A week full of history lies ahead of the Swiss financial center. Investors are eagerly awaiting the IPO of the Zurich running shoe brand On on Wednesday on the New York Stock Exchange. The company, in which Roger Federer (40) is also invested, should then be worth CHF 5.5 billion. But the day before, another Swiss company dared to take the step on Wall Street – almost unnoticed by the general public.
The IPO of the sports data provider Sportradar based in St. Gallen is no less spectacular. The numbers are gigantic by Swiss standards: A prospectus from the US Securities and Exchange Commission that Blick shows: Sportradar wants to raise $ 504 million by offering 19 million shares in a price range of $ 25 to $ 28 per share. In addition, there is a private placement of $ 159 million. If the goal is achieved, the St. Gallen residents are worth over 7 billion francs. It would be one of the largest IPOs in Swiss history!
Data for Fifa, Uefa, NBA and Co.
Unlike On, sports radar is hardly known in this country. With its more than 2,400 employees, the company is a global leader in the competitive sports data market and is the official data partner of the international and European football federations Fifa and Uefa as well as the American basketball league NBA and ice hockey league NHL. Sportradar collects all possible data for the sports giants and makes them available – an expensive but lucrative business. Sportradar pays Fifa, the NBA and Co. millions of francs for the rights to the data, but can dispose of them fairly freely.
Not only are the major sports leagues customers of St. Gallen, but also countless betting providers and sports media. The bookmakers rely on the data from Sportradar. These are collected on the one hand with complex software and on the other hand by so-called scouts who visit the games in the stadiums. The data from Sportradar make it possible for betting providers to set reasonable odds on the individual games – always with a certain profit margin, of course. Sports media, on the other hand, acquire the data for their readership. If a journalist from the BBC philosophizes about the liveliness of a Cristiano Ronaldo, he has a high probability of having the data from Sportradar.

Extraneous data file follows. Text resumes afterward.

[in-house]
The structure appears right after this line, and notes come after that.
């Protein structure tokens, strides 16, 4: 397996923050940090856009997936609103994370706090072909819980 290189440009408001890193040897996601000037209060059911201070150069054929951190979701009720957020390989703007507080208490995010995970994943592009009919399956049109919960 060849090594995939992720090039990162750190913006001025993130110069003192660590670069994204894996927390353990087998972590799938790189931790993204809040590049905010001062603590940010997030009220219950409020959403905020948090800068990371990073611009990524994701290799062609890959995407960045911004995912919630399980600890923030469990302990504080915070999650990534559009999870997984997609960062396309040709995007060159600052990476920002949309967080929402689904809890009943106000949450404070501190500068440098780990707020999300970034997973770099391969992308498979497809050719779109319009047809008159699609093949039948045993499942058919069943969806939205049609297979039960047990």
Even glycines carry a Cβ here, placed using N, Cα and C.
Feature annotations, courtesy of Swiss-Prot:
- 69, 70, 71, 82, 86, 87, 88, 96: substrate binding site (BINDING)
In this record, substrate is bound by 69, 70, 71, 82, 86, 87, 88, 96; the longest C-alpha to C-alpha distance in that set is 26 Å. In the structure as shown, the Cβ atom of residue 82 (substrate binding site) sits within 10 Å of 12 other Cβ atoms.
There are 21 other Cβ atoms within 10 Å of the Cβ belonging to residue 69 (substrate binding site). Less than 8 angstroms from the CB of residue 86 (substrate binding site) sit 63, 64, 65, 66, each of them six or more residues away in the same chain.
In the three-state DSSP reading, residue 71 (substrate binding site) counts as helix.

Fight against manipulation in sports
Another important pillar of the St. Gallen success story is the so-called “Fraud Detection System”, which is offered to uncover manipulation related to sports betting. A dedicated investigation department with over 30 employees monitors the world of sports on behalf of sports organizations and state law enforcement agencies. To do this, Sportradar relies on its own algorithm-based software. This includes and processes a database with more than 7 billion betting odds per day. The odds changes from over 600 international betting providers can be monitored and examined for betting-related manipulations. The numbers are impressive: in 2020, more than 600,000 games in the 26 sports were analyzed worldwide.
Now Sportradar wants to make real money with the IPO on the US technology exchange Nasdaq. The prospects are bright: because the sports business has been growing rapidly around the world for years, the data should be even more valuable in the future. And in America, more and more states are legalizing sports betting. A market with 330 million people, often sports enthusiasts, opens up in one fell swoop. No wonder there is talk of a gold rush in the industry.